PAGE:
‘Bizarre’ new scorpionfly species found in Nepal, here how it looks

South Asia is known worldwide for its unique biodiversity. Due to changing climate and anthropogenic reasons, many animal and plant species have reached the verge of extinction. Many unique species were living here centuries ago, about which there is no information now. His paper was published in the journal Contributions to Entomology.

Professor of zoology Rainer Willmann, former director of the Museum of Zoology at the University of Göttingen, has described and classified previously unknown species of scorpionflies from Nepal. These species belong to a completely new genus, for which Willmann has introduced the name “Lulilan”.

Lulilan obscurus, the newly discovered species of large scorpionfly from Nepal. Source: (University of Göttingen/R Willmann)

“The appearance of the newly discovered scorpion flies could hardly be more bizarre,” says Willmann. Males have a thin and extremely elongated abdomen, at the end of which is a large organ, with long claws for grasping, for mating. The insects have a body length of more than three centimetres, which means that they are particularly large. The insects were captured by Mainz zoologist Professor Jochen Martens and his Stuttgart colleague Dr. Wolfgang Schawaller. Until now, only one such species was known and it was discovered exactly 200 years ago.

Despite their dangerous-sounding name, scorpion flies don’t harm people, says Wilman. They are named for their circular genitalia, which resembles the sting of a scorpion. They also have a distinctive, elongated heads.

In Europe, there are only a few species of scorpions. Willman says, “More species of Lulilan probably exist in Nepal and surrounding areas. So far only a few types of females are known. However, unlike males, females do not have any of these characteristics, which means that their classification is more difficult.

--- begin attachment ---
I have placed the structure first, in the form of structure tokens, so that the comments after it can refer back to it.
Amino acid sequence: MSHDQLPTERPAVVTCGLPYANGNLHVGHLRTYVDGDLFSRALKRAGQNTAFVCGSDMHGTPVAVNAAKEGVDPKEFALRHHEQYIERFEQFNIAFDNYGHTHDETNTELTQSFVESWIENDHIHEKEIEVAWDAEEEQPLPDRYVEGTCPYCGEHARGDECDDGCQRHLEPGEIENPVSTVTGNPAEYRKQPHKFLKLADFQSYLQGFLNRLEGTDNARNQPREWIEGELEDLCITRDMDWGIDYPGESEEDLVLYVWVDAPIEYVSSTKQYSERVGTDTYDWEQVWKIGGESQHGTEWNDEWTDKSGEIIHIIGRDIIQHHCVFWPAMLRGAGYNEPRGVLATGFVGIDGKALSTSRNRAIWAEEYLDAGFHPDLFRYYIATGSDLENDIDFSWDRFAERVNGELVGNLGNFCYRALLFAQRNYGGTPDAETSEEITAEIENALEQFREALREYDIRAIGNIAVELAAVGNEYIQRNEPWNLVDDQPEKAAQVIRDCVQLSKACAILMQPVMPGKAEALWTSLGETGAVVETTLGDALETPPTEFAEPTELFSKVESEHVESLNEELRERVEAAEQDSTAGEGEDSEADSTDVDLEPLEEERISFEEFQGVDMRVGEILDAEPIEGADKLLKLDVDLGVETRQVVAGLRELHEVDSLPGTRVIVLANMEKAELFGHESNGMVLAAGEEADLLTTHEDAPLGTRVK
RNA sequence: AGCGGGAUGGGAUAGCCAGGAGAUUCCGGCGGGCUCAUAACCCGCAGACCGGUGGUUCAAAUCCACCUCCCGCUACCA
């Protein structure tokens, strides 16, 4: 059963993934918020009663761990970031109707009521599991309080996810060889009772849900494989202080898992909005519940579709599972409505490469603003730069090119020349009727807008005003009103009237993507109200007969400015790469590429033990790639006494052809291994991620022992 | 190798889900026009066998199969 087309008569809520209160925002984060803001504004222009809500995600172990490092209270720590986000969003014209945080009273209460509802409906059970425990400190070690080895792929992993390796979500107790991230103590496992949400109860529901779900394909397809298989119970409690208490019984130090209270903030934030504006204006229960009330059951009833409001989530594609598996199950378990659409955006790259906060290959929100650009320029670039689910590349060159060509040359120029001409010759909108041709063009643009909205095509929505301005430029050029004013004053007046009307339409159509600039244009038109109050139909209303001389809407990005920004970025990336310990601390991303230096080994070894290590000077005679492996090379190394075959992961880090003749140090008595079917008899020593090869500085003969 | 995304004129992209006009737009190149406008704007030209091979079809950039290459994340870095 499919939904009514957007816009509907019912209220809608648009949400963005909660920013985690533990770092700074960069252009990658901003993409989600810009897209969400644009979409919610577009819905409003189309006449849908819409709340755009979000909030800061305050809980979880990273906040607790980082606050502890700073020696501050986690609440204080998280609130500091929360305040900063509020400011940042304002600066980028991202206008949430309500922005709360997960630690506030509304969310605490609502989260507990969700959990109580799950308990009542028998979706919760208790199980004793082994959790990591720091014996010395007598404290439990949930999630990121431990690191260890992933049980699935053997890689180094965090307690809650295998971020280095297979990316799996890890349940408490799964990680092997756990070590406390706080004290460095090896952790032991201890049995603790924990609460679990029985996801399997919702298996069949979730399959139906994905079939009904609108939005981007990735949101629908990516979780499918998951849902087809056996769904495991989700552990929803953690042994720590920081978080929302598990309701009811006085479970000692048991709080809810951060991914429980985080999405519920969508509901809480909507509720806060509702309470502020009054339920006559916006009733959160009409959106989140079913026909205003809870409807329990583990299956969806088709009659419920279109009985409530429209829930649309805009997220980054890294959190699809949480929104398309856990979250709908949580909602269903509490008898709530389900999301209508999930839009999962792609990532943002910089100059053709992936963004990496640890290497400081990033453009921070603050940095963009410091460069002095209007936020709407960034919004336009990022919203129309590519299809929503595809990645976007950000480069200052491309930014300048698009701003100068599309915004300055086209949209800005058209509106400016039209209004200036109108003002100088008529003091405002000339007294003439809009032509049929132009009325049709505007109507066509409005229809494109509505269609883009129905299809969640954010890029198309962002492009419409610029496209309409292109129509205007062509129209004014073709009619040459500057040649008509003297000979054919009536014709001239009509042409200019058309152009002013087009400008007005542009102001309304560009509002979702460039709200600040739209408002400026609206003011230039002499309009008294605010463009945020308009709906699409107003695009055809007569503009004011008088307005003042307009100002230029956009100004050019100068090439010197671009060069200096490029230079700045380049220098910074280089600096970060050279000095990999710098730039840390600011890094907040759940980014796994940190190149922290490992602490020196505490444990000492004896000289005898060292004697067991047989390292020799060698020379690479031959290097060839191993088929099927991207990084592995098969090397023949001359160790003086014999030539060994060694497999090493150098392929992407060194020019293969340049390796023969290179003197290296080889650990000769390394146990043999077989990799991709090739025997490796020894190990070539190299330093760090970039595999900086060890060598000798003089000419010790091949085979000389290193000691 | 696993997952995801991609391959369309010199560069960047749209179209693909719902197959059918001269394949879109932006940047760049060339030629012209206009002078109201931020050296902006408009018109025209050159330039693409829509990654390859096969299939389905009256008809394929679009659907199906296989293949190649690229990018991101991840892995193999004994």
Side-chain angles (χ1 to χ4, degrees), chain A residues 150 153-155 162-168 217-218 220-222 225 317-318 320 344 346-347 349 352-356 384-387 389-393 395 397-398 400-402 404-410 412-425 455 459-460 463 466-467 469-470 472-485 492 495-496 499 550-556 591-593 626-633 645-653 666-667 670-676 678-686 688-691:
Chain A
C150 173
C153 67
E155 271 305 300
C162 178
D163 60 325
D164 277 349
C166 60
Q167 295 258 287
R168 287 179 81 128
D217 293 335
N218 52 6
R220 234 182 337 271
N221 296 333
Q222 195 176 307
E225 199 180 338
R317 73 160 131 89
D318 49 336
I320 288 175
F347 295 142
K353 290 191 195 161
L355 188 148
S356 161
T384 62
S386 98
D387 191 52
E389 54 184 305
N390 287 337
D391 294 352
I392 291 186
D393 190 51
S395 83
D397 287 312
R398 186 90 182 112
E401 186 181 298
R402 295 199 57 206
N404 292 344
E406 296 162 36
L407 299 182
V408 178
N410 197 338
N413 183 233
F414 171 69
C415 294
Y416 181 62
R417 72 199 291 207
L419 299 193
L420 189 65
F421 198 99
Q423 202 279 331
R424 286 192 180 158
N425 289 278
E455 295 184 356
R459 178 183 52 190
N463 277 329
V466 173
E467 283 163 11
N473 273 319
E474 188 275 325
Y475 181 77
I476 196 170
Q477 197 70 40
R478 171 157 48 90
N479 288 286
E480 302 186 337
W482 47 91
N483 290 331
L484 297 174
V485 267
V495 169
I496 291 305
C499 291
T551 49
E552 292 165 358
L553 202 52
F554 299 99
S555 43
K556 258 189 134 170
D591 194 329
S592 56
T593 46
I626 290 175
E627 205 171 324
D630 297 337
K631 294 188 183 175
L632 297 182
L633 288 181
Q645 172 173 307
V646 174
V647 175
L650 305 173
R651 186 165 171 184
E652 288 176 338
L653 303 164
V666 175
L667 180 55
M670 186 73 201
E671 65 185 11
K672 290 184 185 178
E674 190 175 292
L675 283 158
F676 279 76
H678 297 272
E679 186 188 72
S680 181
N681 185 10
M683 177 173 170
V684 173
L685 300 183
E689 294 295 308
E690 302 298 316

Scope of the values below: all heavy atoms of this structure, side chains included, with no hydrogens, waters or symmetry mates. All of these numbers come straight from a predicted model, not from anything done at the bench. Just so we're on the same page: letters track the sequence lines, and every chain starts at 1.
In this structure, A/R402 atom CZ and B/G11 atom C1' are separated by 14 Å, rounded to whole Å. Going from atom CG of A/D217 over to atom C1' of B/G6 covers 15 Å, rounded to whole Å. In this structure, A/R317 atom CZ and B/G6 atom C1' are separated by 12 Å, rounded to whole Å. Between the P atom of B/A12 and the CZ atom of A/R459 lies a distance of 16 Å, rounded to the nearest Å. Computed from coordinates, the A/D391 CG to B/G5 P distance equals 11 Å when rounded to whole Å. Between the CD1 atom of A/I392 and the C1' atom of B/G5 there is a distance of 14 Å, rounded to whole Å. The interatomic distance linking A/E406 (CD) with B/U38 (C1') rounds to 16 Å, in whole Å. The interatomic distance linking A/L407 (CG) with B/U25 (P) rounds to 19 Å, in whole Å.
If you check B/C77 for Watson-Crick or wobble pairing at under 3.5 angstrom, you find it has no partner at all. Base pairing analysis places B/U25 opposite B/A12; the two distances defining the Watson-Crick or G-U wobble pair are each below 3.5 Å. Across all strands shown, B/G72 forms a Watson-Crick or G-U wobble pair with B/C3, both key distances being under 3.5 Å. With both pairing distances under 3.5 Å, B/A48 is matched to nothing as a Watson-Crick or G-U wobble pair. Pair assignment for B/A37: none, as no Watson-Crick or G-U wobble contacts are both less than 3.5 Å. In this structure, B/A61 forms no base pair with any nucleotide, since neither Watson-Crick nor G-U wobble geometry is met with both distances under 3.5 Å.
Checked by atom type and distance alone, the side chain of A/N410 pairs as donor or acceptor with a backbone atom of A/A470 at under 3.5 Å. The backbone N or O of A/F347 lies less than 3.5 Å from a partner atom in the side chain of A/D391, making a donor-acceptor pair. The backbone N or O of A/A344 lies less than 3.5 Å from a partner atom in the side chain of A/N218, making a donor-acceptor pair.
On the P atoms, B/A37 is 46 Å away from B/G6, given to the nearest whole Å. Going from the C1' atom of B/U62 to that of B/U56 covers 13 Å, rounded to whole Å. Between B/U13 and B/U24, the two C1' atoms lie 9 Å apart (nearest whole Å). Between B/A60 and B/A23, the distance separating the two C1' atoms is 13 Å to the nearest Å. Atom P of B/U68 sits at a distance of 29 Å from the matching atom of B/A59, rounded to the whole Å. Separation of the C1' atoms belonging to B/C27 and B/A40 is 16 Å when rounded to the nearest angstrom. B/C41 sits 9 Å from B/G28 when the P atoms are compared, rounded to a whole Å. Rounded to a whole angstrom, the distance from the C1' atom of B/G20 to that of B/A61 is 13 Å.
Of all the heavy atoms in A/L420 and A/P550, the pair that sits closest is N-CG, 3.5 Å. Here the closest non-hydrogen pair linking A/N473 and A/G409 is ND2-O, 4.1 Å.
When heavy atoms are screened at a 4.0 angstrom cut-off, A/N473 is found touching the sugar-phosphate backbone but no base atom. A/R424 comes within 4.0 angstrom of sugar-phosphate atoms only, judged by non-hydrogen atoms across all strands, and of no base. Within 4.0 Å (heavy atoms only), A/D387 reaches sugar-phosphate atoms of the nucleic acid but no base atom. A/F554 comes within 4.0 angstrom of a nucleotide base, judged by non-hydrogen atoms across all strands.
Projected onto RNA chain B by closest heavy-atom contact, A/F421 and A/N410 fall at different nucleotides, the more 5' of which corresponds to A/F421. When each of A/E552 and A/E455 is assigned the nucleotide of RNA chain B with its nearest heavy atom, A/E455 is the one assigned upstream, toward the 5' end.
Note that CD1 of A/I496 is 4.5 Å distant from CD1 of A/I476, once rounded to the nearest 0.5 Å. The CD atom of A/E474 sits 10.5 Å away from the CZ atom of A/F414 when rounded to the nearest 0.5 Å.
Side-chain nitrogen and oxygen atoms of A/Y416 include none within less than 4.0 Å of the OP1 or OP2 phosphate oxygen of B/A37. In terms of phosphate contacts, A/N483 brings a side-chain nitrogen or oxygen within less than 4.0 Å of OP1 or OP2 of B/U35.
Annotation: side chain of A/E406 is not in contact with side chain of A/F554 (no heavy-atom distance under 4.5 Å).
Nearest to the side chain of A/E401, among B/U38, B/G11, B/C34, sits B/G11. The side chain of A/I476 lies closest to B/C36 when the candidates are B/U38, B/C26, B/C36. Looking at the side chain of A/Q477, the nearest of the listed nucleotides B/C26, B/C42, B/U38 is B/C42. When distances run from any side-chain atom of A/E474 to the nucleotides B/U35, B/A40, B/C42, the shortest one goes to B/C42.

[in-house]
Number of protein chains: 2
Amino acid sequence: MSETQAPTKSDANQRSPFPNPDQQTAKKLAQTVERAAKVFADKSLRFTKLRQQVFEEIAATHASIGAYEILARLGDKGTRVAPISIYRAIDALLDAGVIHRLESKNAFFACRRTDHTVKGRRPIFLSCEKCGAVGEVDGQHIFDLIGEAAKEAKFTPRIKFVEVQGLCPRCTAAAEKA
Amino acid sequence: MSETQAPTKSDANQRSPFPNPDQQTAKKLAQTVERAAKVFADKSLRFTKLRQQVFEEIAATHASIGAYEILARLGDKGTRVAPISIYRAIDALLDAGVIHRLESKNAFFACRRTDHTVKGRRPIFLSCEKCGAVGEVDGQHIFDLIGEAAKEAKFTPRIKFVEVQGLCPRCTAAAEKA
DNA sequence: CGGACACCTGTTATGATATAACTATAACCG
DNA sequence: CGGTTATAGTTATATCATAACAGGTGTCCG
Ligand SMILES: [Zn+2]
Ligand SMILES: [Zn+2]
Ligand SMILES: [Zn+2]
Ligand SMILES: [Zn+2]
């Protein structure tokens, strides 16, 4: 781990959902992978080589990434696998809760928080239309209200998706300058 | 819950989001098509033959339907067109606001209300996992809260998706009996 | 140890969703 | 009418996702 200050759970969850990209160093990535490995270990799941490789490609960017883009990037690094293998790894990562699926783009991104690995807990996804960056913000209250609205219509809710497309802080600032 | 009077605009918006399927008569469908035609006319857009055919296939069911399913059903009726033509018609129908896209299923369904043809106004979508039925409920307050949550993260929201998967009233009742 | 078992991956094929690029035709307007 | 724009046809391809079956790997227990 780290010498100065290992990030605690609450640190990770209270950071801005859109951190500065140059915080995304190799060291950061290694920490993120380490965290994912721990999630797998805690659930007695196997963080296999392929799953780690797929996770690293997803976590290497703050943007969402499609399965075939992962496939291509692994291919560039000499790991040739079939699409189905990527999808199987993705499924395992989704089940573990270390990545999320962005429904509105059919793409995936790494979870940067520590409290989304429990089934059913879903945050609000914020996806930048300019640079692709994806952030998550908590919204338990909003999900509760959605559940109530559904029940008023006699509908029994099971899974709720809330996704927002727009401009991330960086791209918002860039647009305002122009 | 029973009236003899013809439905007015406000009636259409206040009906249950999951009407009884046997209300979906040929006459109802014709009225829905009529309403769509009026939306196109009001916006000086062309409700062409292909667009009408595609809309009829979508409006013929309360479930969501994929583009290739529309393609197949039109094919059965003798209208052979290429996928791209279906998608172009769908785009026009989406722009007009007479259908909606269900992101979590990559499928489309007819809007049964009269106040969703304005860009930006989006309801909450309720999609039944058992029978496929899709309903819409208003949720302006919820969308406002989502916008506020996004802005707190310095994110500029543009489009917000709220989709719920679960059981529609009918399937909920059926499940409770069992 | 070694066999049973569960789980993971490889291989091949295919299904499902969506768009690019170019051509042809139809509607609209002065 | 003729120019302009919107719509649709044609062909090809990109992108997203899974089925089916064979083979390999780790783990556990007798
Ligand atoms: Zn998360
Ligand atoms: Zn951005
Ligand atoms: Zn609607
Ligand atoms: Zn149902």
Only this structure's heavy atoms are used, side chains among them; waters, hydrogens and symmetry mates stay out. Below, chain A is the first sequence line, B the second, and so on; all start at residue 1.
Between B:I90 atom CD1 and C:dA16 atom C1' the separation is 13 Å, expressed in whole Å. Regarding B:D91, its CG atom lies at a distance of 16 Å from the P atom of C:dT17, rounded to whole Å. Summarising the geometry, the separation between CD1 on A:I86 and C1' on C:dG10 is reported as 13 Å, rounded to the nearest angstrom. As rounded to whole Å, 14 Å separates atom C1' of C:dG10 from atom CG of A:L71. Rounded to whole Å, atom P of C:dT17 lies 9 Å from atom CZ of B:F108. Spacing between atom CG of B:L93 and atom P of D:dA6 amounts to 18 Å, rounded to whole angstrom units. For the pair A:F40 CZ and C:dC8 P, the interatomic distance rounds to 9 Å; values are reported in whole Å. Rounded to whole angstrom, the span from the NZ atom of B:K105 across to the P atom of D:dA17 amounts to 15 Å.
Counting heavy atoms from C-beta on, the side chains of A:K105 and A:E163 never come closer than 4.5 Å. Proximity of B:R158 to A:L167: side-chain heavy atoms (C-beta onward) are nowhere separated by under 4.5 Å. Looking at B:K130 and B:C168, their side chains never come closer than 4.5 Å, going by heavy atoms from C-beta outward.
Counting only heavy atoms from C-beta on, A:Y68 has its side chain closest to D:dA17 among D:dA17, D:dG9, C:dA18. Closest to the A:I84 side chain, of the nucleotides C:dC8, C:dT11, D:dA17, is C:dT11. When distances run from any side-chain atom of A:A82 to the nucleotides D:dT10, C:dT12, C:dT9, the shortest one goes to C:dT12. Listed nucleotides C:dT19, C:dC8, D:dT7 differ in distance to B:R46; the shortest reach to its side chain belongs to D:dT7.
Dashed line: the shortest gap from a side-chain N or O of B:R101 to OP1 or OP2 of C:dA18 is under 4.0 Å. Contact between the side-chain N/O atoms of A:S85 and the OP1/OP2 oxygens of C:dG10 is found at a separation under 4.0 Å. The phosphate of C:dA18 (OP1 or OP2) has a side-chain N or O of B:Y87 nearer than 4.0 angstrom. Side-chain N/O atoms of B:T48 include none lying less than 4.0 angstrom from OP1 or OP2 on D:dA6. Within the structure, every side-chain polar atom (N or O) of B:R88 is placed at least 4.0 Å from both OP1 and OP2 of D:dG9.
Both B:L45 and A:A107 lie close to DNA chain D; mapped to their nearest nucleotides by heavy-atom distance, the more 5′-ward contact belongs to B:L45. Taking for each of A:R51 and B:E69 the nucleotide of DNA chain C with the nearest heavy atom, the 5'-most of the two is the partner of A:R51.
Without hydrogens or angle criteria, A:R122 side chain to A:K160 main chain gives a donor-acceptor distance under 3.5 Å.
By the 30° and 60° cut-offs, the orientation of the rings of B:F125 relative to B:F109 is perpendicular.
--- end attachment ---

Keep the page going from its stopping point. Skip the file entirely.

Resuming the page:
Last species of super venomous scorpion discovered in Srilanka

The scientific community described some 1,400 species of scorpions in the world so far, one of the most recent in Sri Lanka, where these animals continue to be specially studied due to the various human deaths they cause each year.

An international team of researchers discovered a new species of scorpion in a nocturnal observation of these animals in the south of the country. The first scientific description of this species was presented in an article published in August 2019 in the journal Euscorpius and details are now being expanded in an informative article in Mongabay.

“The moment we saw this particular scorpion in our study area, we recognized that it is different from other scorpions found in Sri Lanka,” explains Sanjeewa Jayarathne, one of the team’s researchers.

The new scorpion has been named Heterometrus yaleensis, or giant Yala scorpion, after the location where it was discovered, near Sri Lanka’s most popular wilderness area, Yala National Park.

Upon finding the first specimen of the giant Yala scorpion, the researchers combed the area and were able to identify some individuals of the same species. This is characterized by the type of pedipalps, the two appendages or arms in front, as explained by the researchers in the study published in Euscorpius.

Multiple deaths from scorpion venom

In Sri Lanka, interest in scorpions has been on the rise in recent years as there have been several deaths from the bites of a particular species of Indian red scorpion ( Hottentotta tamulus), known locally as the Jaffna scorpion. For this reason, several expeditions have been carried out to search for specimens, identify them and analyze their venom.

This species of scorpion is considered invasive in Sri Lanka. It was accidentally introduced to Jaffna between 1987 and 1990 when the Indian Peacekeeping Force (IPKF) was stationed in the north of the island as part of the India-Sri Lanka treaty to contain the Tamils. When beginning to investigate the Indian red scorpion, Sri Lankan scientists realized that there were significant gaps in knowledge about these arthropods.

Thus, the authors of the studies began to collaborate in a series of expeditions throughout the island. The first took place in 2015 and the second, carried out in 2018, resulted in the discovery of Heterometrus yaleensis. In all cases, the discoveries have been accidental.

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